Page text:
May 21, 2015

Osama bin Laden liked the same books as your Uncle Jeff


(image via the Office of the Director of National Intelligence)

(image via the Office of the Director of National Intelligence)

Yesterday, the United States Government declassified a trove of documents acquired by Navy SEALS uring their raid of Osama bin Laden’s Abbottabad compound. According to CIA spokesman Ryan Trapani was long-planned and the timeing was unrelated to Seymour Hersh‘s recent provocative counter-narrative of bin Laden’s assassination—one of Hersh’s main assertions was that the information gathered from the raid were forged and that the evidence suggested bin Ladin had little influence in post-9/11 al-Qaeda.

Whether or not you buy Hersh’s narrative or the CIA’s assertion that the government’s document dump was unrelated to said narrative, there’s a lot of interesting—if relatively inconsequential—stuff, especially when it comes to bin Ladin’s reading material, which was embargoed until yesterday.

The books in question were digital files, and were found on computers, thumb-drives, or discs. Presumably by necessity (as it’s the only aesthetic defense), bin Laden was that rarest of readers: someone who read on a computer, rather than from a print book or on an ereader. Most of the attention paid to bin Laden’s library has focused on the higher profile names who had a place in bin Laden’s library—Bob Woodward and Noam Chomsky being the most renowned—or the incongruities—bin Laden possessed a book focusing on suicide prevention and books covering 9/11 conspiracies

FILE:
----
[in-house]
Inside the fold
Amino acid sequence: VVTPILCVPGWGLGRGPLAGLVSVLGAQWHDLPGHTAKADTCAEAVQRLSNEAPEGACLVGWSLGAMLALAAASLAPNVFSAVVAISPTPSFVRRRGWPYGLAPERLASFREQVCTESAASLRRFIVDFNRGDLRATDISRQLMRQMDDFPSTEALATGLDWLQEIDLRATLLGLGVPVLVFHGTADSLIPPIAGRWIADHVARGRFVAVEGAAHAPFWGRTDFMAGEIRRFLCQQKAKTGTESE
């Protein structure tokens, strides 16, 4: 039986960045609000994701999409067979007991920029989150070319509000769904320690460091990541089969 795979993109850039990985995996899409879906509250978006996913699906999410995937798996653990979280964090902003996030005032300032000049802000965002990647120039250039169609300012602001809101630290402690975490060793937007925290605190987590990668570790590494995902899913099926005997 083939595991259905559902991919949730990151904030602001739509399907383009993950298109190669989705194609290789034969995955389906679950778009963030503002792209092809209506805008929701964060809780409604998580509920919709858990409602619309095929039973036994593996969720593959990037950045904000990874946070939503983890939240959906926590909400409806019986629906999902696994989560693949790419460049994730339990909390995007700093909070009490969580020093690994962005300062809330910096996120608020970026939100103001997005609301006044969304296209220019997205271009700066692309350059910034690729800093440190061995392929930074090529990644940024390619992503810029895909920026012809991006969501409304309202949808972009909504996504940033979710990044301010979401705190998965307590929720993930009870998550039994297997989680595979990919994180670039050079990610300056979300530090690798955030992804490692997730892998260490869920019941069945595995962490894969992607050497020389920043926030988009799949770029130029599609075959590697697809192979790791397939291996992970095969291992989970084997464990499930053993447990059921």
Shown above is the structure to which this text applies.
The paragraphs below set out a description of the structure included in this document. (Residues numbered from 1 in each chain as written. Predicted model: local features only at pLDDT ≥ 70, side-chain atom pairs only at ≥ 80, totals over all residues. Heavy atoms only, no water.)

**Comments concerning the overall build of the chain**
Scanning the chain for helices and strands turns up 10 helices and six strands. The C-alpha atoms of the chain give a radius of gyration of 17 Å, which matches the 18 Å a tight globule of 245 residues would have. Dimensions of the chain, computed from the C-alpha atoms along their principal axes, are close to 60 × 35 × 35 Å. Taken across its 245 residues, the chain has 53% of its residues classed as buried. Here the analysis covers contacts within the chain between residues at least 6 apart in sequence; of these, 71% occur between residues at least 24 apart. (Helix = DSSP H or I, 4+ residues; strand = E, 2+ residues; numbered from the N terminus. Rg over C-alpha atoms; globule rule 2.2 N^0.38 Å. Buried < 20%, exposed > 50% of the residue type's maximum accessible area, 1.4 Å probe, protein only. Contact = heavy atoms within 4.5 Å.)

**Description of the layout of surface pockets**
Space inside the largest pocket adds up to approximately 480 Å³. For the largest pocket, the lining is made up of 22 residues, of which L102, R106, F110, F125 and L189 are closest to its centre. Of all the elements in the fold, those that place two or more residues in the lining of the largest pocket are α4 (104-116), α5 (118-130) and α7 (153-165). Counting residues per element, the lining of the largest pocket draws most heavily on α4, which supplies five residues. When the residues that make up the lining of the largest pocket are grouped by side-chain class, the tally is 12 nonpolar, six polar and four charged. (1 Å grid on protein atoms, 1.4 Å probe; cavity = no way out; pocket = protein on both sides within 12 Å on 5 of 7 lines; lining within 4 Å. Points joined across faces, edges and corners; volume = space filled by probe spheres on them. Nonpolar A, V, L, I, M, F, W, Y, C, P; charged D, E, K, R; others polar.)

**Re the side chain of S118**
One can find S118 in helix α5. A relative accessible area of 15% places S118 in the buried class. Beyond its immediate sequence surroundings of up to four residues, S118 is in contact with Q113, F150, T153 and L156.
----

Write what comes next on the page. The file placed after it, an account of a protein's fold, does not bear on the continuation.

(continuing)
For the most part, bin Laden’s library is dominated by what you could describe as “Uncle Books.” While “Dad Books” are sweeping, somewhat overgeneralized historical works that sand away rough edges and meld moving, if relatively unsubstantiated claims of American exceptionalism with banalities that suggest that, under the skin of every man likes a Great Man, if only he could learn how to Mold His Genius and Devote Everything To Securing His Greatness, “Uncle Books” are all about the invisible structures that prevent men from being great. Osama bin Laden loved Uncle Books—books about military tactics and fuckups, the Illuminati, contradictory conspiracy theories; books about ancient history that are actually about how contemporary society is decaying and about to collapse; books that suggest wide-learning but generally reflect an all-consuming, uniform paranoia. These are books whose subtext explains why your Uncle Jeff got divorced from your Aunt Carol and moved back in with your dad’s folks—they also explain why your Uncle Jeff keeps mailing you fireworks and Army patches.

According to BuzzFeed:

“Of the 38 full-length English-language books he had in his possession, about half of them were conspiracy theory books” about the Illuminati, Freemasons, and other conspiracy topics. Texts listed on the “bookshelf” include Bloodlines of the Illuminati by the American conspiracy theorist Fritz Springmeier; The New Pearl Harbor: Disturbing Questions About the Bush Administration and 9/11 by the 9/11 conspiracy theorist David Ray Griffin; and The Secrets of the Federal Reserve, a book by the Holocaust denier and anti-Semite Eustace Mullins.

Most of the other half—excluding the two that have gotten the most attention, those by Woodward and Chomsky—also reflect that paranoia, though more indirectly. In other words, Osama bin Ladin likes the books your Uncle buys from the discount racks at Barnes & Noble.

Melville House publishes none of the following books, which were found to be in Osama bin Laden’s library:


Alex Shephard is the director of digital media for Melville House, and a former bookseller.